The Great Attrition: How the Talent Shortage is Making Hiring Harder
The Great Attrition is making hiring harder than ever before and maybe even our ability to let go of people who aren’t aligned to the culture or poor performers? People are also quitting their jobs at record levels. Unfortunately, this has led to a talent shortage. As a result, businesses are struggling to find talented workers to fill open positions.
While on the other hand, organisations that have been successful in hiring are now doing so by often reaching into new talent pools.
According to recent research by McKinsey, there are five types of workers that employers should target to find the best candidates.
Let’s identify these groups and see why they might be a good fit for your business while also taking a closer look at the causes of The Great Attrition.
How Is The Great Attrition Affecting Businesses?
The Great Attrition has turned into the Great Renegotiation.
It seems like everyone is quitting these days.
Employees are switching jobs or changing industries. They’re retiring early. They’re leaving traditional roles to take on non-traditional employment, such as being self-employed, freelancing, or joining the gig economy. People are also quitting to start their own businesses, while some are taking time out from the workforce to reassess their lives and what is most important to them.
We’re in a buyer’s market, where employees can pick and choose their jobs, and competition amongst companies is at an all-time high to recruit the best talent.
According to the Australian Bureau of Statistics (ABS), as of August 2022, there were 470,900 job vacancies in Australia, an increase from 334,300 a year earlier in August 2021. Compare that to pre-pandemic numbers in August 2019, when there were 224,400 job listings, and the vacancies have more than doubled.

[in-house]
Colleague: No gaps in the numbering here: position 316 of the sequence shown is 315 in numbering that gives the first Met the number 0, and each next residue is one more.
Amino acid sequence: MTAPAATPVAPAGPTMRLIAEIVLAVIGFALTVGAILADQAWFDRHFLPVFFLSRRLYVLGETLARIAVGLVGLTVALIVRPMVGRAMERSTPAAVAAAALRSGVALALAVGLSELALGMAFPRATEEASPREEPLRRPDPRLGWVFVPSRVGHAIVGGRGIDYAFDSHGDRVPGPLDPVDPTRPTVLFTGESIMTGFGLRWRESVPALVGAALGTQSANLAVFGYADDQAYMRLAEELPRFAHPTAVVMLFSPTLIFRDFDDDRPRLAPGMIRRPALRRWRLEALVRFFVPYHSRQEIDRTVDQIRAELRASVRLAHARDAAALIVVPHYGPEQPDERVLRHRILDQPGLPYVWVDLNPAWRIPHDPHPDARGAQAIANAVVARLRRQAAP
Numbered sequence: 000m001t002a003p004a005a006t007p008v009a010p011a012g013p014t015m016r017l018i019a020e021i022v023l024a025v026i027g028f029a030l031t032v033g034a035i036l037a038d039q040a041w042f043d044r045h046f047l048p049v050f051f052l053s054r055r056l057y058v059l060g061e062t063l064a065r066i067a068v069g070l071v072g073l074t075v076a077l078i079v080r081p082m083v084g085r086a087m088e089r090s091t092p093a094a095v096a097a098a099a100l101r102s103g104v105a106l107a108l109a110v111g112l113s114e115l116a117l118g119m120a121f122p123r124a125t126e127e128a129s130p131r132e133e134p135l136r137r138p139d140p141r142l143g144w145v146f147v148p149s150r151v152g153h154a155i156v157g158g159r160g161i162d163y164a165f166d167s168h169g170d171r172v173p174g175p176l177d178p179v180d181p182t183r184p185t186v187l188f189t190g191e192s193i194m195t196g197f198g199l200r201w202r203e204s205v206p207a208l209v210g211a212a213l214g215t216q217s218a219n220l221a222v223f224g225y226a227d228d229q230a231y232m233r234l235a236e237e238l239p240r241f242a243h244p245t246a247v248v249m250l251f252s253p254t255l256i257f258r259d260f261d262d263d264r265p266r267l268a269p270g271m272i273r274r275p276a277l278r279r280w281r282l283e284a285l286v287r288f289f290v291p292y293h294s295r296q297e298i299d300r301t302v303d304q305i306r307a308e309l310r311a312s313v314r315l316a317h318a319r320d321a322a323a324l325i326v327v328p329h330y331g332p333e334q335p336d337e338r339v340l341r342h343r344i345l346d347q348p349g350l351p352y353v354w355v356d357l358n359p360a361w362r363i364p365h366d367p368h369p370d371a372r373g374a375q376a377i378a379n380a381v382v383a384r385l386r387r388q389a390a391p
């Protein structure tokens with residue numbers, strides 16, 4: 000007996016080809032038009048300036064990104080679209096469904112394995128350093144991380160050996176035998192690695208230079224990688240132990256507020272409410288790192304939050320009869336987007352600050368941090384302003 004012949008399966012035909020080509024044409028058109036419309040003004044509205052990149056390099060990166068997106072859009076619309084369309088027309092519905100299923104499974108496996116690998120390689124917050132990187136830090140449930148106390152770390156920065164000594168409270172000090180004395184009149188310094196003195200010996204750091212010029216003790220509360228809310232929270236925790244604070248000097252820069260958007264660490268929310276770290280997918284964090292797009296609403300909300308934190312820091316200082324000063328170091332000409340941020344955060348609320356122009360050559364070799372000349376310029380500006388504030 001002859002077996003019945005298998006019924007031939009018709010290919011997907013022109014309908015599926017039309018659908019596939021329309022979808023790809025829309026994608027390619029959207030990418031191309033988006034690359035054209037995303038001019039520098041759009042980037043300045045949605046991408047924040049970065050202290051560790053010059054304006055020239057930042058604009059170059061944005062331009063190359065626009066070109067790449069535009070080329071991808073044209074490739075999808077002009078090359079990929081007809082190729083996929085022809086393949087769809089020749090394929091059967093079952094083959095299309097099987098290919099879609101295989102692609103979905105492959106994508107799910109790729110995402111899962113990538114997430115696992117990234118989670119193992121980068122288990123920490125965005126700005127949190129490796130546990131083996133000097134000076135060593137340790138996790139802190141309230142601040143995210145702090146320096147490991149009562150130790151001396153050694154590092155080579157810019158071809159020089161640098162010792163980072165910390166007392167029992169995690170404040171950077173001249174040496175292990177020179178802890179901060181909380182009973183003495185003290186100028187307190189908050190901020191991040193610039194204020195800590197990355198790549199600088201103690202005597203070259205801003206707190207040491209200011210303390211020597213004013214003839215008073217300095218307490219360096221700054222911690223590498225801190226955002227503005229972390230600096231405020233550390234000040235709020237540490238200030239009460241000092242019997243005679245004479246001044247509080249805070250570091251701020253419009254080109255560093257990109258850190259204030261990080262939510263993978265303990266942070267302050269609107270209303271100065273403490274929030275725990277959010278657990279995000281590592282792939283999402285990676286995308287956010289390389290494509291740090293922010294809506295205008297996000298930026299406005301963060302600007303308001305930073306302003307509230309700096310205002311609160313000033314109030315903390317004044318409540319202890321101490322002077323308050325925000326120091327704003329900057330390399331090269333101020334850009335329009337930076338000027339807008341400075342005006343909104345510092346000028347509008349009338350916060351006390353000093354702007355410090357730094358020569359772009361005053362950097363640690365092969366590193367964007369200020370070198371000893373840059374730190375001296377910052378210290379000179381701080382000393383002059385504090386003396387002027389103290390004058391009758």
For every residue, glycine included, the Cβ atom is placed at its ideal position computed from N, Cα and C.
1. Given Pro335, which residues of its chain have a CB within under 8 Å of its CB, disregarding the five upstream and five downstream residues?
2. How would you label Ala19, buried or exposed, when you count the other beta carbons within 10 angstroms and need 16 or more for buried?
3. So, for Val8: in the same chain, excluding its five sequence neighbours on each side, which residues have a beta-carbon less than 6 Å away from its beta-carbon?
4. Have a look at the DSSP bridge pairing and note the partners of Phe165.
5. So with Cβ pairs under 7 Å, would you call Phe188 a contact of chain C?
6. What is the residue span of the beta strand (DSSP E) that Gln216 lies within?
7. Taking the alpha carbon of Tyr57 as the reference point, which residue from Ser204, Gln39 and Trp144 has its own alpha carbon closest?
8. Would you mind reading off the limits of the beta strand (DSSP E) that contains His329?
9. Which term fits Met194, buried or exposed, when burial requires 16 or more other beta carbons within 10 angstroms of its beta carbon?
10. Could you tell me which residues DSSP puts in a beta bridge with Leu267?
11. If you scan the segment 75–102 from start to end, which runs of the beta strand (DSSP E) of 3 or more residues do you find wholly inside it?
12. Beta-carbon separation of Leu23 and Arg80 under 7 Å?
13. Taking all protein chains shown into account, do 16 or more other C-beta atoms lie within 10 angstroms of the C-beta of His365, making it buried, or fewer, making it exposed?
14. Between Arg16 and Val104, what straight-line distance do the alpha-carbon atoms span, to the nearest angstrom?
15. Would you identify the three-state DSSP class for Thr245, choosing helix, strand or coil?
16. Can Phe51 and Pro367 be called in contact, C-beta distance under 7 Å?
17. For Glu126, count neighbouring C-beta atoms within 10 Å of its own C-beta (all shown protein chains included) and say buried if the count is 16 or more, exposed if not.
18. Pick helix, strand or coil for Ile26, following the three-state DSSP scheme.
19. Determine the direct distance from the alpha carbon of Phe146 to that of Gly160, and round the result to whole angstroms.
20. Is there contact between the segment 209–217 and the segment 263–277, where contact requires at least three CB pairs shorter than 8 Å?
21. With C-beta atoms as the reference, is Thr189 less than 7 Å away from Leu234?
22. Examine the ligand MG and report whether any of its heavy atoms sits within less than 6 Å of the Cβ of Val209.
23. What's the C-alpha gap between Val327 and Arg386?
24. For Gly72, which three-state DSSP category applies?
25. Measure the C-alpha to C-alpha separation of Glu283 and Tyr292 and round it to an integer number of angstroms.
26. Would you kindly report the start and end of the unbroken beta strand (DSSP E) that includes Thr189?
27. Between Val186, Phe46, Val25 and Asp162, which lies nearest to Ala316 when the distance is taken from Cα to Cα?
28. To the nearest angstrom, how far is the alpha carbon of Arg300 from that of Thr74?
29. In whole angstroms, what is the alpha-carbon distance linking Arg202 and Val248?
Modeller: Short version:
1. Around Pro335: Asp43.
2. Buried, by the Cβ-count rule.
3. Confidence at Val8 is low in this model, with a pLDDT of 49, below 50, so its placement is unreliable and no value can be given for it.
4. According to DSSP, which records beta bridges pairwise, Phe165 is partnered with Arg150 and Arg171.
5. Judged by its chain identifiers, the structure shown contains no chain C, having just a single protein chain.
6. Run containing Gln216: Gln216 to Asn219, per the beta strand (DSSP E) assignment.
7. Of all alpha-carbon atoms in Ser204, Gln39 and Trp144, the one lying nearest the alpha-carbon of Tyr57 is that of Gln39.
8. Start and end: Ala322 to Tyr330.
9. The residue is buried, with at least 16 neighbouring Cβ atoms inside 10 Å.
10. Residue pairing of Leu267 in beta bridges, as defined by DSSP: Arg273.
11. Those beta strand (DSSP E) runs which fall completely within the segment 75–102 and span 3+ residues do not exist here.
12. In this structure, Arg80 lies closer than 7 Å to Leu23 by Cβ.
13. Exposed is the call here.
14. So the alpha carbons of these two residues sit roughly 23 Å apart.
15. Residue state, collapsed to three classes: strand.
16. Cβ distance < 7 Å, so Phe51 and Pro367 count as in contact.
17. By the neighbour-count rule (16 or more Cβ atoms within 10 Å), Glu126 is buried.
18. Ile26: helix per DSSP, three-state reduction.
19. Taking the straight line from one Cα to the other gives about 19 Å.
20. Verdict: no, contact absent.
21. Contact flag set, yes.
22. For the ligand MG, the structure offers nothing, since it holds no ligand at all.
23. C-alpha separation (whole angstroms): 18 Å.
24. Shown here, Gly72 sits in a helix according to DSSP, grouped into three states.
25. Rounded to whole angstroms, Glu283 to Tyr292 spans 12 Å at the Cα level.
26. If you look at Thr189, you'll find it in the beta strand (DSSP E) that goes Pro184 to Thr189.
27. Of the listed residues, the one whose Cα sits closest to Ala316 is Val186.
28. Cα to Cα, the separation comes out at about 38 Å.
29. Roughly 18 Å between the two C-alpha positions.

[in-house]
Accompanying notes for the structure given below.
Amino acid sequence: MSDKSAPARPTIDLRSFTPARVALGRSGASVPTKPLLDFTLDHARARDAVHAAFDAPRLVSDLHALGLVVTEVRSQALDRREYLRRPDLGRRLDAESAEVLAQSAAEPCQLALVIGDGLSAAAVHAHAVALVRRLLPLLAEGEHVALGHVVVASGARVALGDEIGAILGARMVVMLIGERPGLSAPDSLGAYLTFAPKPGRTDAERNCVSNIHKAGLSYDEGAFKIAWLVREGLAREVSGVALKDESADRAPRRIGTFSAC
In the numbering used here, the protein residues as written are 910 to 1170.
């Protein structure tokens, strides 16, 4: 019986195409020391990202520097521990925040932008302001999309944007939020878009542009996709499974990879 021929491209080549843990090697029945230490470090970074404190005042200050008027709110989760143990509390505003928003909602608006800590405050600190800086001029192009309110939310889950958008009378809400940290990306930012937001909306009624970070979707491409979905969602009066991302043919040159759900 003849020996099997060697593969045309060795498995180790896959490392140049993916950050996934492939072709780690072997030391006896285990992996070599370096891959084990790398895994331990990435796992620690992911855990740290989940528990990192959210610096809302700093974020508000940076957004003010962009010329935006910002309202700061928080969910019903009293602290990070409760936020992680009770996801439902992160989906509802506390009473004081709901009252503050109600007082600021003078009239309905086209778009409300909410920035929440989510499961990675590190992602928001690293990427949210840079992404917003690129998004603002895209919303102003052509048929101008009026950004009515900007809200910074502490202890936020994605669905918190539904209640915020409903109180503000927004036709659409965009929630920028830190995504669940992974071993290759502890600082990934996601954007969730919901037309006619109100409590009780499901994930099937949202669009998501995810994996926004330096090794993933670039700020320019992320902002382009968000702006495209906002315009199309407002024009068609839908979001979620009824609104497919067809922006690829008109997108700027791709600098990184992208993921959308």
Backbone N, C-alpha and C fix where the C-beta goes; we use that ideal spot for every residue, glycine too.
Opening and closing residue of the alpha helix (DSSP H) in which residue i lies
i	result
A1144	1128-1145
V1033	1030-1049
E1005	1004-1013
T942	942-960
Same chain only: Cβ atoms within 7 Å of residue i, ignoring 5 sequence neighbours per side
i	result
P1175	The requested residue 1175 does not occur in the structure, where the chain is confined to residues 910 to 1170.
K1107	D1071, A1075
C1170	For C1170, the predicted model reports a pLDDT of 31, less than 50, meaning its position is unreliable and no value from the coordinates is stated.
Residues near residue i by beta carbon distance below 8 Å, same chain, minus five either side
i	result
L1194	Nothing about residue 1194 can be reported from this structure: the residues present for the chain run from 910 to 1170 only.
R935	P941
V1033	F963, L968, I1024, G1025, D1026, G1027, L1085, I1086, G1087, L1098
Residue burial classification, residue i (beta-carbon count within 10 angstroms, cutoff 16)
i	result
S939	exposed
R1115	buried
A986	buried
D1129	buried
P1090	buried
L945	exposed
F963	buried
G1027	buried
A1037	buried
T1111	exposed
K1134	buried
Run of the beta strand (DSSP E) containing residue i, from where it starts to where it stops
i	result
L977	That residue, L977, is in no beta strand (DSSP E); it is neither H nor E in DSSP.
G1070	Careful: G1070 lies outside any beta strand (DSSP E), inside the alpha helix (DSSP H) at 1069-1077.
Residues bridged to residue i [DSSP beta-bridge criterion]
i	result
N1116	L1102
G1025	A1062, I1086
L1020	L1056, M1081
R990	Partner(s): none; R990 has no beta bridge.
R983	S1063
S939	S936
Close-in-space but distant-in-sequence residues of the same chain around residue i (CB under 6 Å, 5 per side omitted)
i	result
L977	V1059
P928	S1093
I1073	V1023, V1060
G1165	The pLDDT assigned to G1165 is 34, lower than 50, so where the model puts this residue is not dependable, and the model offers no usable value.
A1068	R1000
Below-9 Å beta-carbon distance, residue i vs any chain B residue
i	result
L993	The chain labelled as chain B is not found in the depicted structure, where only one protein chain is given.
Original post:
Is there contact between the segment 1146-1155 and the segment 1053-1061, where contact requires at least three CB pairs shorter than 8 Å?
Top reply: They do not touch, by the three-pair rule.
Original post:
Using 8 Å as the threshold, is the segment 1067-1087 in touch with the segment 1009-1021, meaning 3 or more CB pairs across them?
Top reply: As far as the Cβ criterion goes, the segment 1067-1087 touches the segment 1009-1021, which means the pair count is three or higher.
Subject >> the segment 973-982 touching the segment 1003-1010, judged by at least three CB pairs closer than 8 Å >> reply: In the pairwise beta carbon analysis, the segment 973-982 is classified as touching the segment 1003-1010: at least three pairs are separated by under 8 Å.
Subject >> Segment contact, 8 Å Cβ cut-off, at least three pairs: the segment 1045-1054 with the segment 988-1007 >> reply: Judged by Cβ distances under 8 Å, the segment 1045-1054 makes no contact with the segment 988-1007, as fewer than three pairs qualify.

As employers fill vacancies, it still isn’t fixing the problem, as, during the year ending February 2022, 1.3 million people, or 9.5% of all employed people in Australia, changed jobs.
With the constant merry-go-round of advertising, hiring, and quitting, it seems a long time until things will return to ‘normal.’ If it does at all.
We’ve now entered the phase where employers continue to shout that people are ‘lazy’ and unwilling to apply for advertised positions. But in reality, that isn’t the case at all.
There is a massive mismatch between what companies currently offer and what workers are looking for.
Employers are still trying to do things ‘the old way‘ and use traditional means to attract talent and retain existing employees. Things such as titles, compensation, and opportunities for career advancement.
While all these things are still crucial for ‘traditional workers,’ after COVID-19, more people have begun reevaluating their career needs and what they want from life. As a result, it has caused many people who previously worked a traditional career to turn their backs on this arrangement.
This has led to a significant shortage in the labour supply pool because there are no longer enough employees with a traditional mindset available to fill all the openings.
One strategy employers continue to use is to poach workers from rival companies with a wage increase. But, they are just reshuffling workers from company to company without solving the underlying problem. Instead, they are making it worse by contributing to a wage escalation.
So what is the solution, then?
Organisations should try and find a way to once again recruit non-traditional workers.
But how exactly can they do that? Let’s find out.
McKinsey undertook extensive research after analysing workers in six different countries. They then created five essential employee personas that employers should target while recruiting and retaining talent for the long term.